Teacher—that is what so many little girls answered when asked what they wanted to be when they grew up. I don’t even think any of these children realized how that profession could affect a child’s view of themselves. We’ve all had teachers in our life that are fondly remembered as being nurturing counselors, or who have guided us when we were lost; often providing a much-needed boost in confidence that might have been lacking at home. For those that went to Parochial Schools, the teachers were often nuns. But the same thing applies: some people were just not equipped to be shaping young minds and have sometimes inflicted great damage. Just like parents, careless or cruel words can have an impact on a developing psyche. I still remember that I was a “dreamy” child who often “checked out”, choosing to look out the window or daydream during class in First Grade. My First Grade teacher assigned a name for me—“Molasses.” This was because I seemed to move in slow motion, apparently and the implication was that I was dumb. At my age, to this day, I still can feel the sting I felt when she called me this and it succeeded in making me feel inferior and stupid (a feeling I was bombarded with at home too). I later found out that I had anemia, which made me draggy and sleepy, but regardless, that “name” or “label” stuck with me. My Third Grade teacher was a bully and incited such fear in me because she seemed to have an actual hatred for me. This caused me to shut down, stop doing my homework, and slowly draw into myself. The nastier she was with me, the worse I became so that I was actually in danger of getting left back. Luckily my mom took charge and helped me get my work up to date. My father actually wrote a letter to her, calling her an ogre, which made things worse. I finally ended up being referred to the school psychologist (Miss Mack) who used to tell me to just “forget her” and got me through that rough time. My Seventh Grade math teacher was a carbon copy of the Third Grade one and ridiculed me in front of the class incessantly, to the point of tears. Nuns can sometimes be just as bad too. My friend, who went to Catholic school, told me about constant daily cruelty inflicted upon a poor boy (most likely autistic), which one day ended up with a basket being overturned on his head (much to the enjoyment of the rest of the class). My friend was horrified and I felt the same way when she told me what happened. The point I am trying to make is that some people, although wonderful in every way, may not have that special quality that makes a great teacher. If we were able to run a survey that spanned decades, I wonder how many children had their dreams and spirit squashed by the very people who should be inspiring them. I wonder how many people did not pursue their dreams or lost confidence due to a supposedly casual name such as “Molasses”. Teachers can be inspirational and uplifting mentors—and many are—but it is too bad that so many of them don’t realize that.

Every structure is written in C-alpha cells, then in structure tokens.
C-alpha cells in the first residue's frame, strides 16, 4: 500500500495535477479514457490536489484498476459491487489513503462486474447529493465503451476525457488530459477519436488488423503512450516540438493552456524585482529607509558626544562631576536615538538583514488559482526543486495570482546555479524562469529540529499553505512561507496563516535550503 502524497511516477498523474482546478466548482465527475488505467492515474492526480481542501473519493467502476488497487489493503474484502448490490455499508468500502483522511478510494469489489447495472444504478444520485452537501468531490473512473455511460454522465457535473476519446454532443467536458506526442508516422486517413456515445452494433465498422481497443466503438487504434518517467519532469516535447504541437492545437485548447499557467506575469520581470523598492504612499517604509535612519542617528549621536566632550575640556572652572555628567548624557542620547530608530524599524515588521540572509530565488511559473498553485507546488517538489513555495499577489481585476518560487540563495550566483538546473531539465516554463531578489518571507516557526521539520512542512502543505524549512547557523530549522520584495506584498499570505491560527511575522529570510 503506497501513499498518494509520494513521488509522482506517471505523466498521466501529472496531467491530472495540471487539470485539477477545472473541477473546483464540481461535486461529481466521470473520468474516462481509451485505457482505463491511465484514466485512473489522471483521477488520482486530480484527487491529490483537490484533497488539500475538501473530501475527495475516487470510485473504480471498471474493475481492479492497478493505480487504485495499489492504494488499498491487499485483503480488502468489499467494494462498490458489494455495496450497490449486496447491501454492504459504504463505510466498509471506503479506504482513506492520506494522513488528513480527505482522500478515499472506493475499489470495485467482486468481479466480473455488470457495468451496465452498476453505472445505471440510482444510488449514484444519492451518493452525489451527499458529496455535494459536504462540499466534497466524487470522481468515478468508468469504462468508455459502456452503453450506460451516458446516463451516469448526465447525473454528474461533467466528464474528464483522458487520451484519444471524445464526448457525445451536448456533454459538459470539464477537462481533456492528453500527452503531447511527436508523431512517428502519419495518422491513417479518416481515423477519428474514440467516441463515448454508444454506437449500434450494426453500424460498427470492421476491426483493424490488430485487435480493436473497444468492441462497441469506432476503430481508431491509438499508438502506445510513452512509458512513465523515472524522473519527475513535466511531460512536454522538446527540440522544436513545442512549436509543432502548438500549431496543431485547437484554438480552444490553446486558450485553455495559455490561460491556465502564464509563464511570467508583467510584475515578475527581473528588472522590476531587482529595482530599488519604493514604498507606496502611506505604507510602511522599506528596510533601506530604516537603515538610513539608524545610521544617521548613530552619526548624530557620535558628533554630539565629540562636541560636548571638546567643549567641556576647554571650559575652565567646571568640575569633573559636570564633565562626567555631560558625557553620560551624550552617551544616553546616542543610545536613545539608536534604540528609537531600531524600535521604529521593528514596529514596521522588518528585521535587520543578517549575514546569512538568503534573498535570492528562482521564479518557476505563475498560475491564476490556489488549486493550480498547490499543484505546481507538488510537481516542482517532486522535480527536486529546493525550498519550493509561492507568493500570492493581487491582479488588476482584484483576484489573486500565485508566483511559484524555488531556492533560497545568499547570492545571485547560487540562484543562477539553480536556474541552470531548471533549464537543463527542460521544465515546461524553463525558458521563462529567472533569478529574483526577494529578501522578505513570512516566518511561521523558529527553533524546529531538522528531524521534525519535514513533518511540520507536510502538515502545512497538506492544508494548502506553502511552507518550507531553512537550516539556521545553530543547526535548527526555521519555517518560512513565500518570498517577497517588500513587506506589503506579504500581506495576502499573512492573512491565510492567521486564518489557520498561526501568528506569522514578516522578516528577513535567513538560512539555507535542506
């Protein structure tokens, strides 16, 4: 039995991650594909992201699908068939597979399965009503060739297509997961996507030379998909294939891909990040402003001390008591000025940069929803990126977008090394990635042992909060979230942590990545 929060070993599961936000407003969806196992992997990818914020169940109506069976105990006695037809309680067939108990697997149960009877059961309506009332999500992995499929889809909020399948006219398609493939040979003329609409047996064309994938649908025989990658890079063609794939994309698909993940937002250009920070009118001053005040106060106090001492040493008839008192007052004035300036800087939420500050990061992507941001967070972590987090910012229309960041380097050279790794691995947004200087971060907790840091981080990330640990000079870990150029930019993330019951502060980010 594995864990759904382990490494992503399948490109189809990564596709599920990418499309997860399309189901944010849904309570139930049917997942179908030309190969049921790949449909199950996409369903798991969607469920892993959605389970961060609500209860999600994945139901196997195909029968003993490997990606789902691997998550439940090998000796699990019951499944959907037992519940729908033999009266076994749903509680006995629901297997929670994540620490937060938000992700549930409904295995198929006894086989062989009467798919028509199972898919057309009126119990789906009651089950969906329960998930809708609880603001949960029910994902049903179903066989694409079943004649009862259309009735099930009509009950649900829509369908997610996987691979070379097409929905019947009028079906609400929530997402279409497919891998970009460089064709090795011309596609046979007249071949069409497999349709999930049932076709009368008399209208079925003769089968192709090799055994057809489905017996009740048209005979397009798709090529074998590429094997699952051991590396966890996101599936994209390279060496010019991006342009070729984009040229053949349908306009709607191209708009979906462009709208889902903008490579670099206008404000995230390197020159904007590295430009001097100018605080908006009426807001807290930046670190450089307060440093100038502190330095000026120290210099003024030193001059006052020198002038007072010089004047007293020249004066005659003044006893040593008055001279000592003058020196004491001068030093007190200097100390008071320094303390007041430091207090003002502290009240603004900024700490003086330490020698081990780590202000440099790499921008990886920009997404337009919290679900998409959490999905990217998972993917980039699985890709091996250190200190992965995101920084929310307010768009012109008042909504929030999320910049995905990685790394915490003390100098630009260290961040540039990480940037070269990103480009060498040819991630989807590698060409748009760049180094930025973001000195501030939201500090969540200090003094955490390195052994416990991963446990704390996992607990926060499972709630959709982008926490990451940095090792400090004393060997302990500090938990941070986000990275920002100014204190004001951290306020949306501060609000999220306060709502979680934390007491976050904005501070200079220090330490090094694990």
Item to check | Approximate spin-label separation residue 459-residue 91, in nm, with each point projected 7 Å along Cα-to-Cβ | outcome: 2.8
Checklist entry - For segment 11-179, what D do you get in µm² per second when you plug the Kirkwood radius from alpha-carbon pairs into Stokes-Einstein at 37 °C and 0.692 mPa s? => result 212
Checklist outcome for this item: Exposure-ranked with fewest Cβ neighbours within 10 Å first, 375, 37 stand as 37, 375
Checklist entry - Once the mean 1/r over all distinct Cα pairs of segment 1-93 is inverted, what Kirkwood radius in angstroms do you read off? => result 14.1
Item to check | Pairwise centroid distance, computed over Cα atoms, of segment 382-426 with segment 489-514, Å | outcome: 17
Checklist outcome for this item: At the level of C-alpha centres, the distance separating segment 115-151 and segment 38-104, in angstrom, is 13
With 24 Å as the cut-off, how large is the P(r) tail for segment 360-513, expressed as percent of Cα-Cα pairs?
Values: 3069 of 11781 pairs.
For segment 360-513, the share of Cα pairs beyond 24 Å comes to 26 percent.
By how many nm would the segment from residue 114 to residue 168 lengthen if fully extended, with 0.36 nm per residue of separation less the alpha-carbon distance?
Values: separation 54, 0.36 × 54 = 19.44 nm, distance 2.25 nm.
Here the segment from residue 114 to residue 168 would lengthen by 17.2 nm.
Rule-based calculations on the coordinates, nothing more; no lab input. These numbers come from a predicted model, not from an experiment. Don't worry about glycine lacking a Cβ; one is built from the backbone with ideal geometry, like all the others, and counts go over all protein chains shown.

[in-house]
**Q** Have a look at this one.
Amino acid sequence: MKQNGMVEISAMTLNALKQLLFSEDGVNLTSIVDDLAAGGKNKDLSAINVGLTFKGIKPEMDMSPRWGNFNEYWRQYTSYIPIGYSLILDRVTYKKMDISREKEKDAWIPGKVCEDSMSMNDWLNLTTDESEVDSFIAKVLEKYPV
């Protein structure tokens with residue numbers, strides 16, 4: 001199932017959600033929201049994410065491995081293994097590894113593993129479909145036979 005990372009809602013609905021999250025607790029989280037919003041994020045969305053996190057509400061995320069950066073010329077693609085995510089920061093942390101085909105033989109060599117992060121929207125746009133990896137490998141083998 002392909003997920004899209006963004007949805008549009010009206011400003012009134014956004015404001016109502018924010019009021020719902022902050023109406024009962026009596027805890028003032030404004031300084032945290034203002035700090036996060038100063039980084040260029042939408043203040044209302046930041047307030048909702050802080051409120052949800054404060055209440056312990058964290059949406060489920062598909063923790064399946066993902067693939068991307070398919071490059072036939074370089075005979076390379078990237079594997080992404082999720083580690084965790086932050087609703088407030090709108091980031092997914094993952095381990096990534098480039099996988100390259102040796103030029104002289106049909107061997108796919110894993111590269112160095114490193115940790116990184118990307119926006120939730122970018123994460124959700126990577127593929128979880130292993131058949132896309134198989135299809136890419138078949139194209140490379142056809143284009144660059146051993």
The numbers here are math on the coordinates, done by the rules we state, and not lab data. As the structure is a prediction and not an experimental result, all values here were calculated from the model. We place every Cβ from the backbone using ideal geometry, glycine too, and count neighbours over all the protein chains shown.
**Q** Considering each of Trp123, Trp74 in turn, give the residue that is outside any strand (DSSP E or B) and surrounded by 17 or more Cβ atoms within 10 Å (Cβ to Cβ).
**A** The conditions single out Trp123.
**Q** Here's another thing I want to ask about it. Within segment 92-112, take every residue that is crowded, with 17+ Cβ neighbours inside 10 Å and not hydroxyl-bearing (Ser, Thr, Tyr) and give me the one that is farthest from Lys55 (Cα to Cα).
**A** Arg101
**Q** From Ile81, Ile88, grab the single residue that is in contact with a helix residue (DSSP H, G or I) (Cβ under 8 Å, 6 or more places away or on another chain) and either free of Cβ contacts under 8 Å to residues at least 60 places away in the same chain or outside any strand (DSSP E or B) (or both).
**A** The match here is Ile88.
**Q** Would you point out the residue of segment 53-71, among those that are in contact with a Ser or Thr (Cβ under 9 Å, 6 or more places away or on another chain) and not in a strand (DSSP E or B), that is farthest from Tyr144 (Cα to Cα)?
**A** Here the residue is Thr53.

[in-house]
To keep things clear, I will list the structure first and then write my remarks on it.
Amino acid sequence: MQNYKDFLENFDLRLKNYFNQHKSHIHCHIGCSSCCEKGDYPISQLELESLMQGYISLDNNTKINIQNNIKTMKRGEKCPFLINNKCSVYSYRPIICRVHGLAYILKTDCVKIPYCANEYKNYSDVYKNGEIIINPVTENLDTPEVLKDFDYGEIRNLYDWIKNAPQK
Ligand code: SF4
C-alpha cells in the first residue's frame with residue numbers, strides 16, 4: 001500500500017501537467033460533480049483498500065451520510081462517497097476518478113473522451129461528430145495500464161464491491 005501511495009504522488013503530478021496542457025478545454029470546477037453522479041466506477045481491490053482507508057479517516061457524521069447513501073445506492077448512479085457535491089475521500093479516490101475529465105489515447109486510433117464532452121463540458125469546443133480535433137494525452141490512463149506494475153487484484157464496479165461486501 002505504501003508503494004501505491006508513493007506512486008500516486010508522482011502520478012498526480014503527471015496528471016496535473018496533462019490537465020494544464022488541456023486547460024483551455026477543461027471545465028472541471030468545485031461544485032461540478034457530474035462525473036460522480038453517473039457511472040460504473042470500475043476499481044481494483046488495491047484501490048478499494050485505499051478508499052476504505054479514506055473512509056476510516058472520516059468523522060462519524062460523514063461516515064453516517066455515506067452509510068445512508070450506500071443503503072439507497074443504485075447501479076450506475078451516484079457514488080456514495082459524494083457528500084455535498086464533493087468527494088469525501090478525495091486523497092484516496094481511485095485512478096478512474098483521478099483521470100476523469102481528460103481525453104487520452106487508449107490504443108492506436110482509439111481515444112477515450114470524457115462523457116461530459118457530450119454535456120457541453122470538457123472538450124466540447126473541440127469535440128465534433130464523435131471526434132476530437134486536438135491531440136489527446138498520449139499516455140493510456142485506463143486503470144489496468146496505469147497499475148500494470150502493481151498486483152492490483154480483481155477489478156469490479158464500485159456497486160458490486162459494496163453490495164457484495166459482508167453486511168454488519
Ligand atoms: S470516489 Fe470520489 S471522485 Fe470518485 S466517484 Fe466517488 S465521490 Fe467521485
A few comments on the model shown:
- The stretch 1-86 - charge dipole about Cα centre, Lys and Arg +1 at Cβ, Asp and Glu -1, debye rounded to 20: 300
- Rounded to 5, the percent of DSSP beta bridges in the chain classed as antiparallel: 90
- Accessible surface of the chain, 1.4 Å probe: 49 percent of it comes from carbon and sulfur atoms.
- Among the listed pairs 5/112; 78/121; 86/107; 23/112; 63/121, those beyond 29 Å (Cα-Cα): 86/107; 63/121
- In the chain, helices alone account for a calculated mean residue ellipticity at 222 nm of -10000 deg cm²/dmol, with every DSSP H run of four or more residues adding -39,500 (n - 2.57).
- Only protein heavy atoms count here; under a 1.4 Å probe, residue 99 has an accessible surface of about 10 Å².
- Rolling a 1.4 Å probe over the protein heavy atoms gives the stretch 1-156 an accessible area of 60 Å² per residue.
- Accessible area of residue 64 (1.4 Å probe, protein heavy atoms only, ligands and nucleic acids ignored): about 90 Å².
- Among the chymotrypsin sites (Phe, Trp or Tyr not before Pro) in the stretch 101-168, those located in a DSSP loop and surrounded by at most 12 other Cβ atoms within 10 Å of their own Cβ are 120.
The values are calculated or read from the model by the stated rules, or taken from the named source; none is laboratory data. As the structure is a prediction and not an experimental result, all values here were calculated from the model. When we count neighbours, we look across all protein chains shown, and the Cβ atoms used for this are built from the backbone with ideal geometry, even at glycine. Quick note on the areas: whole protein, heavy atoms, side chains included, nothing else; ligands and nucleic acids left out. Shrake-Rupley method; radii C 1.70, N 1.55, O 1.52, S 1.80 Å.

Labels; humans have a need to put these on people to categorize and make assumptions about them. I know it is so hurtful yet I have been the perpetrator as well as the recipient. It is so prevalent that most people don’t even realize that they are guilty. I think it is so very common in families, and can form your personality; often affecting the choices in your occupation, school, spouse, financial decisions, your level of happiness, and virtually every aspect of your life. We all know that family dynamics dictate that everybody in a family has a specific “role” even though it is not officially assigned. Among siblings, there is usually the “smart one” or “studious one”, the “athlete”, the “lazy one,” the “trouble maker”, the “fat one”, the “pretty one”, “the drinker”, etc. Whatever the role we play in our family, it often sticks with us, so that if as a child, we were not expected to excel in anything, whereby our sibling was the “golden child”, we often live up or down to that label. Never mind that life and people change as they grow, and the label may not fit someone anymore or the “roles” have been reversed. It is no wonder that so many people dread family gatherings because no matter how hard they have worked to shed their “role” in the family, they still feel like time has stood still and the same old childhood insecurities come to the surface. But outside of the family, the mentally ill, disabled, physically ill, older person, or anyone that is not “perfect” (young and able) has a label stamped on them too. I used to see an ad for a hospital that said something like, “We treat John like John, not “cancer.” As soon as we find out that someone is “paranoid schizophrenic”, or “borderline personality” or “autistic”, we immediately make a judgment about them; that they are violent, or out of it, or that they are not even a person anymore. I’ve heard it said that “your illness does not define you”, much like the ad I saw so many years ago. The same holds true for age as well. I know people assume you are a doddering old fool, with no goals, or dreams or anything to contribute to society once you reach a certain age. I know when I fill out forms at the doctor’s office, listing my age, the staff get a mental picture of what I will look like so when they call me they are surprised at how “young” I look. You get an invisible label stamped on you which affects how people treat you and unfortunately too often how you view yourself too. This “label” can apply to race too, thinking that all black men are violent, or all Asians are “smart” or whatever preconceived notions you may have. Labels are a way to perpetuate assumptions, which are usually just prejudices in disguise. In this celebrity worshipping society, focused on youth, perfection, wealth, beauty, and glamour, people who don’t fall into those categories get lumped together with a “label” and are deemed throwaways–less worthy and valuable in this world.